Dear friend,

Lokayat through its cultural club AAGHAZ is also organising a 2 day cultural festival titled

Understanding nuclear politics through songs, film and theatre

on August 5 and 6. The invitation is attached. The venue is Sneh Sadan next to Narayan Peth Police Chowky on Aug 5 and LOKAYAT HALL on Aug 6. Do join us for this inaugural program of AAGHAZ in its second year. It is a rare opportunity. The play HAMLET MACHINE is by one of Europe's best playwrights Heiner Muller, and Hamlet machine is supposed to be her greatest work.


Understanding nuclear politics through films, songs, theatre



Day 1: Tuesday, August 5, 2008


Venue: Sneh Sadan, Near Narayan Peth Police Chowky, Pune


6 pm:    Inauguration and program of songs by Sambhaji Bhagat,

             the famed folk singer from Mumbai



              by Parnab Mukherjee

             renowned alternate theatre director from Kolkata


7.00 – 8.00 pm: Play    HAMLETMACHINE

                        by Best Of Kolkata Campus

                          Directed by Parnab Mukherjee

                          Based on writings by Heiner Muller, world famous East German playwright

                          Additional text by: Badal Sircar and Tagore


This play by BEST OF KOLKATA CAMPUS  is adapted from the famed play HAMLETMACHINE by the world famous East German playwright Heiner Muller. Heiner Müller is considered one of the most important playwrights of the 20th century and HamletMachine, his greatest work.  On the other hand, Shakespeares Hamlet is considered the greatest play ever written. HamletMachine was written in 1977 and had its first production in France in 1979.  The play reflects Muller's critique of the intellectual in conflict with history.


Best of Kolkata Campus is a Calcutta based group of young actors who have been performing for the last 15 years. The group believes that theatre is an important and independent tool of dissent outside the ambit of party politics. They have merged HAMLETMACHINE and Muller and modified it using additional text by Rabindranath Tagore and Badal Sircar to create a play to discuss contemporary nuclear politics.


SYNOPSIS OF THE PLAY: Fragmented landscape, post-cold war politics of nuclear power, Jadugoda, Domiasiat, Nalgonda, the uranium politics, lost voices from Baliapal, Bhoma fighting in Sunderbans to save the grass from radiation… images of life and death play themselves out…as the arms race gathers momentum… What would Hamlet do in such a landscape? The play poses hard questions about a world dominated by nuclear powers and nuclear politics and also an India where the policymakers use nuclear politics to create amnesia about other pressing questions…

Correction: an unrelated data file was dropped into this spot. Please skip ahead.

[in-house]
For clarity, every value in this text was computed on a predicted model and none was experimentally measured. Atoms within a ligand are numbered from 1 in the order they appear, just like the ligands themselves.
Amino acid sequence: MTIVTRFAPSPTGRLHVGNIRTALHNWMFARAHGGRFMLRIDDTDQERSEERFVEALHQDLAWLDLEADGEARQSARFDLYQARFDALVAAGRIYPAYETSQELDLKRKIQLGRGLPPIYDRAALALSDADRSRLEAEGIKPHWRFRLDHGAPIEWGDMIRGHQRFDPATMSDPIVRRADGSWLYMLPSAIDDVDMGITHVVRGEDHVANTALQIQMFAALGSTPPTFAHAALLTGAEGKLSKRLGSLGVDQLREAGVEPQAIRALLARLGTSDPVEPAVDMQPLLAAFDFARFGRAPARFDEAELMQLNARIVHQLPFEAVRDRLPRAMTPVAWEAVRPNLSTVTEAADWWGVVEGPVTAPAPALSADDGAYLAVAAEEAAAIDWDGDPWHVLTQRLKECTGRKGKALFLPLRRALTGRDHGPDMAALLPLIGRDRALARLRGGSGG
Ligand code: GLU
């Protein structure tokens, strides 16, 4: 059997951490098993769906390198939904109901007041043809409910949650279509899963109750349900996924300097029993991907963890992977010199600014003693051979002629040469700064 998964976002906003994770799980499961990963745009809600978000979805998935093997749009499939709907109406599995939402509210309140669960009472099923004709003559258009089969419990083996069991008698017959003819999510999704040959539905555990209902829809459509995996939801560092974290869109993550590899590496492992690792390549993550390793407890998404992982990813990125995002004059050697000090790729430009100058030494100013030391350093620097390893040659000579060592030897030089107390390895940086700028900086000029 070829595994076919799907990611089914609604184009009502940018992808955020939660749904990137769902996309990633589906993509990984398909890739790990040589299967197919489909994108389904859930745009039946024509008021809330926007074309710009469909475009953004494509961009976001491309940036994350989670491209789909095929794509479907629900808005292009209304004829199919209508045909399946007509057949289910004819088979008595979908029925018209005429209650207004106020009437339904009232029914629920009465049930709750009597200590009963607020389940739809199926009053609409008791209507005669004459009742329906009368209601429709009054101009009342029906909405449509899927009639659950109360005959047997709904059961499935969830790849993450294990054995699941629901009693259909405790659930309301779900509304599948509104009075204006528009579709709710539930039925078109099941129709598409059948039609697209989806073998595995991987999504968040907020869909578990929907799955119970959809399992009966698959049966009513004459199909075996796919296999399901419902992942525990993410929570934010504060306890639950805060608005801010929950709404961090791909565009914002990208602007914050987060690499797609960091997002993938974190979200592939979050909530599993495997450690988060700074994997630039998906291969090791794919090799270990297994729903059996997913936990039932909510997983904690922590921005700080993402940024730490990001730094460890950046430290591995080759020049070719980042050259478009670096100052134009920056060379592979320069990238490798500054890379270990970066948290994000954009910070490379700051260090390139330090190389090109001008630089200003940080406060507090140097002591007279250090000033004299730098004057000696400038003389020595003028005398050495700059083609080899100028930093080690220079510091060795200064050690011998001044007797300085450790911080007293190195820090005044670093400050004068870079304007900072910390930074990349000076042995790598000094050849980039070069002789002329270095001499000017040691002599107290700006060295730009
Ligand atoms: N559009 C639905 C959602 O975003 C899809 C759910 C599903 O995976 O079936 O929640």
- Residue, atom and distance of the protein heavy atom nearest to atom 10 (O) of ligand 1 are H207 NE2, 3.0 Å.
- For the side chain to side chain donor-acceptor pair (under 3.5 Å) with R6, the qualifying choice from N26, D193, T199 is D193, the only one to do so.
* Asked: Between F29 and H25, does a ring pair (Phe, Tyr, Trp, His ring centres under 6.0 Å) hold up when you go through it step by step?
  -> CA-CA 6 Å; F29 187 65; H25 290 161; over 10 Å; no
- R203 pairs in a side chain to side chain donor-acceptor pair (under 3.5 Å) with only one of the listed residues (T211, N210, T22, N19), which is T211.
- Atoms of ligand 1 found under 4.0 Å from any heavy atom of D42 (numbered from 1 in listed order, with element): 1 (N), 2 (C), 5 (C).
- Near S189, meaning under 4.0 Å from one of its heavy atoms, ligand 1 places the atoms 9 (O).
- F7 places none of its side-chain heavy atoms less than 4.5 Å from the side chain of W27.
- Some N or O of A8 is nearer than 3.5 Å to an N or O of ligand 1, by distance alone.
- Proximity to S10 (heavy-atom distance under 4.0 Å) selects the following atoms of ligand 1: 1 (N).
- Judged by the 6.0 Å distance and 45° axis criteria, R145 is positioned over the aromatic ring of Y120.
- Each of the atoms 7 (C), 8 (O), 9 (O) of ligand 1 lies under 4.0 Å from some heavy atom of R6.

Day 2: Wednesday, August 6, 2008


Venue: Lokayat Hall, Opp. Syndicate Bank, Near Nal Stop, Law College Road, Pune.


6.00 – 8.00 pm:  Film: JANG AUR AMAN (War and Peace) – film in Hindi

                           Directed by Anand Patwardhan (Mumbai)

                           To be followed by a discussion led by Anand Patwardhan




Synopsis of JANG AUR AMAN:


WAR AND PEACE documents the current, epic journey of peace activism in the face of global militarism and war. WAR AND PEACE examines not merely the militarization of India, but analyzes the human cost that is extracted from its citizens in the name of 'National Security.' From the plight of residents living near the nuclear test site, and the horrendous effects of uranium mining on local indigenous populations, it becomes clear that, contrary to a myth first created in the U.S., there is no such thing as the "peaceful Atom."


WAR AND PEACE slips seamlessly from its analysis of homemade jingoism to focus on how an aggressive United States has become a Foreign Relations role model. The unofficial U.S. doctrine of 'Might Makes Right' is only too well absorbed and emulated by aspiring Third World elites.


As we enter the 21st century, enemies are being re-invented, economies are inextricably tied to the production and sale of weapons, and in the moral wastelands of the world, war has become perennial. Memories of Gandhi seem like a mirage that never was, created by our thirst for peace and our very distance from it.

In solidarity,

Neeraj Jain

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